Subjugate.

Oktavia stood against the light. Nightingale hums simulated the room, a shape of blood lotus forming out from her palms with a pop. There is nothing behind the wall except a space where the wind whistles, and the dead body of an engineer.

Her father.

Oktavia inhibited Elizabet by pulling her close, the depth of her scent inhaled like a coiling python ready to eat their prey. Her eyes, draping ice.

A wave formed between them, a struggling fear in the human. “You’re going to kill me.”

“I’m sorry, my dear.” Eyes sharp, a mixture of her cold features bore itself into her skull.

The bionic pressed down on her netrusion chip.

“What are you doing?”

“I am shutting down. Goodbye, Elizabet.”

“Wait—wait, please, there’s—”

“You did what I asked. Now we’re free.”

The hovercraft, which they were in, crashed.


Written for the dVerse prompt: Write a piece of flash fiction or other prose (not a poem) of up to or exactly 144 words, including the given line,

“there is nothing behind the wall
except a space where the wind whistles”
from “Drawings By Children” by Lisel Mueller.

The ending was not intended to be ironic or initially funny (even though, I laughed so hard when writing it). I had these characters created for awhile, actually, and I just needed to put them in some situation. Might run off with this idea with space-travel and wormholes, I don’t know. My NaNoWriMo goal is already a failure. 😀


43 thoughts on “Subjugate.

  1. I might have laughed, too–be careful what you ask for, although I first read inhibited as inhabited Elizabet, which made me think first she was a demon.
    I’m also thinking of Hal singing “Daisy, Daisy.” 😀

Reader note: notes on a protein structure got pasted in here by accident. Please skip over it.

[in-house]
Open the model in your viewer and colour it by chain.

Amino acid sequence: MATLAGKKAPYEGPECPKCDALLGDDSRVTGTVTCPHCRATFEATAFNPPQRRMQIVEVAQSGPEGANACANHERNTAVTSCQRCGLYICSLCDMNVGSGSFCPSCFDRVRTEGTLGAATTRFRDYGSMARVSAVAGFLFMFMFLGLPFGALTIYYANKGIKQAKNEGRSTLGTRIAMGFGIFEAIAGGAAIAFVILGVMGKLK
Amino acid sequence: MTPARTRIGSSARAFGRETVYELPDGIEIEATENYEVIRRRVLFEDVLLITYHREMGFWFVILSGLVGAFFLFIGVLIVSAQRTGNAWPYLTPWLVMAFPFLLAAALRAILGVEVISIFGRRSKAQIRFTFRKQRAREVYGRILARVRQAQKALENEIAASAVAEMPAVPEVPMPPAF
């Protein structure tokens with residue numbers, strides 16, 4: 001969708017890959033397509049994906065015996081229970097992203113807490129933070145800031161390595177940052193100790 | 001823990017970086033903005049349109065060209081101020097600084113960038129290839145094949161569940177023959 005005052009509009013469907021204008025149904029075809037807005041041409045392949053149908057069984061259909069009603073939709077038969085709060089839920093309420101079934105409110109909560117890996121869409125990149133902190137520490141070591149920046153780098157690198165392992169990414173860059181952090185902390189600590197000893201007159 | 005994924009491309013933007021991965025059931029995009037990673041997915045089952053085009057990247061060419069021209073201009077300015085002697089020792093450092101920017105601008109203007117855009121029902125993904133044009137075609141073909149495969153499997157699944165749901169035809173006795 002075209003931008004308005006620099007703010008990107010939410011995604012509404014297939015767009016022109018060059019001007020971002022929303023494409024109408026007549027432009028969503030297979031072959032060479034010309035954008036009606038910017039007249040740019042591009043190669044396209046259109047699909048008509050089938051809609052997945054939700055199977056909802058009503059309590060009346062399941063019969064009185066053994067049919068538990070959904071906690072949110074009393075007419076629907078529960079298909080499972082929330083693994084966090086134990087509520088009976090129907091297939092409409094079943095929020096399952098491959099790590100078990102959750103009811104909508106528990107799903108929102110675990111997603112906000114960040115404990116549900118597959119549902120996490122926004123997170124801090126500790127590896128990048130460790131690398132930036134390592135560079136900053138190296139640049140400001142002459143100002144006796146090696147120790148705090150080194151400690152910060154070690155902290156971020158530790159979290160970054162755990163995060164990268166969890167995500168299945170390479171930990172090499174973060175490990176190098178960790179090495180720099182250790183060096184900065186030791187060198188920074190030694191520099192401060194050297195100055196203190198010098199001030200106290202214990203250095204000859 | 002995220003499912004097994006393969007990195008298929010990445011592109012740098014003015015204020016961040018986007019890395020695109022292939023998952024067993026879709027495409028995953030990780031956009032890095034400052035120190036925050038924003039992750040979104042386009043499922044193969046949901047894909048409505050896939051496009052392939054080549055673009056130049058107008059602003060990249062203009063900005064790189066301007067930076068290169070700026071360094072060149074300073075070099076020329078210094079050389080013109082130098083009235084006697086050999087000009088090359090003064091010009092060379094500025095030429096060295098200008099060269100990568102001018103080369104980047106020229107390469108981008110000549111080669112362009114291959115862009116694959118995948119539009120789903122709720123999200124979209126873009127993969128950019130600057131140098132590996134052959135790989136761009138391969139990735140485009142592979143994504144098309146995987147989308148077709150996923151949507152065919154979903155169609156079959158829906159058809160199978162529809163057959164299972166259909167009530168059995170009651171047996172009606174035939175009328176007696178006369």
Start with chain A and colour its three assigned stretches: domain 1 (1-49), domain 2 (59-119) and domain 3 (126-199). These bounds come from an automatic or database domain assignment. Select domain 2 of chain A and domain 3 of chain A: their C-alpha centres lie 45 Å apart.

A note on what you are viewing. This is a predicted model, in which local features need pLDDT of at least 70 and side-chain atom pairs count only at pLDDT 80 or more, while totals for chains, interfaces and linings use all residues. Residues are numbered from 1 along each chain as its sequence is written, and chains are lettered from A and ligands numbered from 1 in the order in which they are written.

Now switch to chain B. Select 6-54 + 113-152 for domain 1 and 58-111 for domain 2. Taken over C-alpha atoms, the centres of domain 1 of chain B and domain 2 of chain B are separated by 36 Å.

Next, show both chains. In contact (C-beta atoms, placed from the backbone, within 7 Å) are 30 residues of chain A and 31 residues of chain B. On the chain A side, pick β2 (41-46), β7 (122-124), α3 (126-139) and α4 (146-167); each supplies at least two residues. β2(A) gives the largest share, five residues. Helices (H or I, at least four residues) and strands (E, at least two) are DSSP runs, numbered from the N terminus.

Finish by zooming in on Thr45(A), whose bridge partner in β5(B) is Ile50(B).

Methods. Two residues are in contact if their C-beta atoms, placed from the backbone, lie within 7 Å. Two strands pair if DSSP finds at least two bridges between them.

Liked by 1 person

  2. Such powerful imagery in this one especially; “the depth of her scent inhaled like a coiling python ready to eat their prey. Her eyes, draping ice.” Very Novemberish, Lucy! 💝💝

    Liked by 1 person

  3. I read “inhabited” too. This is grand Flash Fiction, Lucy; straight up wonderful. You tell a lot of story with dialogue and limited exposition, and this contrasts well to your “normal” dark poetry style.

    Liked by 1 person

    1. Thank you so, so much, Glenn. I always make my writing style different with fiction; I still indulge in those dark themes but it is more direct and up front in contrast to my poetry and prose-poetry.

      Like

  4. There’s more than one way to be free, this way being the darkest and I never saw it coming. Well told tale, Lucy, all the more because you leave us wanting more of the backstory.

    Liked by 1 person

    1. Thank you so much, Dora. I’m also glad that you didn’t see it coming–I was a bit nervous about if the ending would fall flat or if it were predictable.

      As for backstory, I have it for the most part but I’m still piecing it together.

      Liked by 1 person

  5. I agree with Glenn, Lucy, a lot of story with dialogue and limited exposition, which contrasts with your poetry style. I love the mix of Gothic and sci-fi (Sci-Goth?) and the surprises: the ‘shape of blood lotus forming out from her palms with a pop’ and the crashing hovercraft.

    Liked by 1 person

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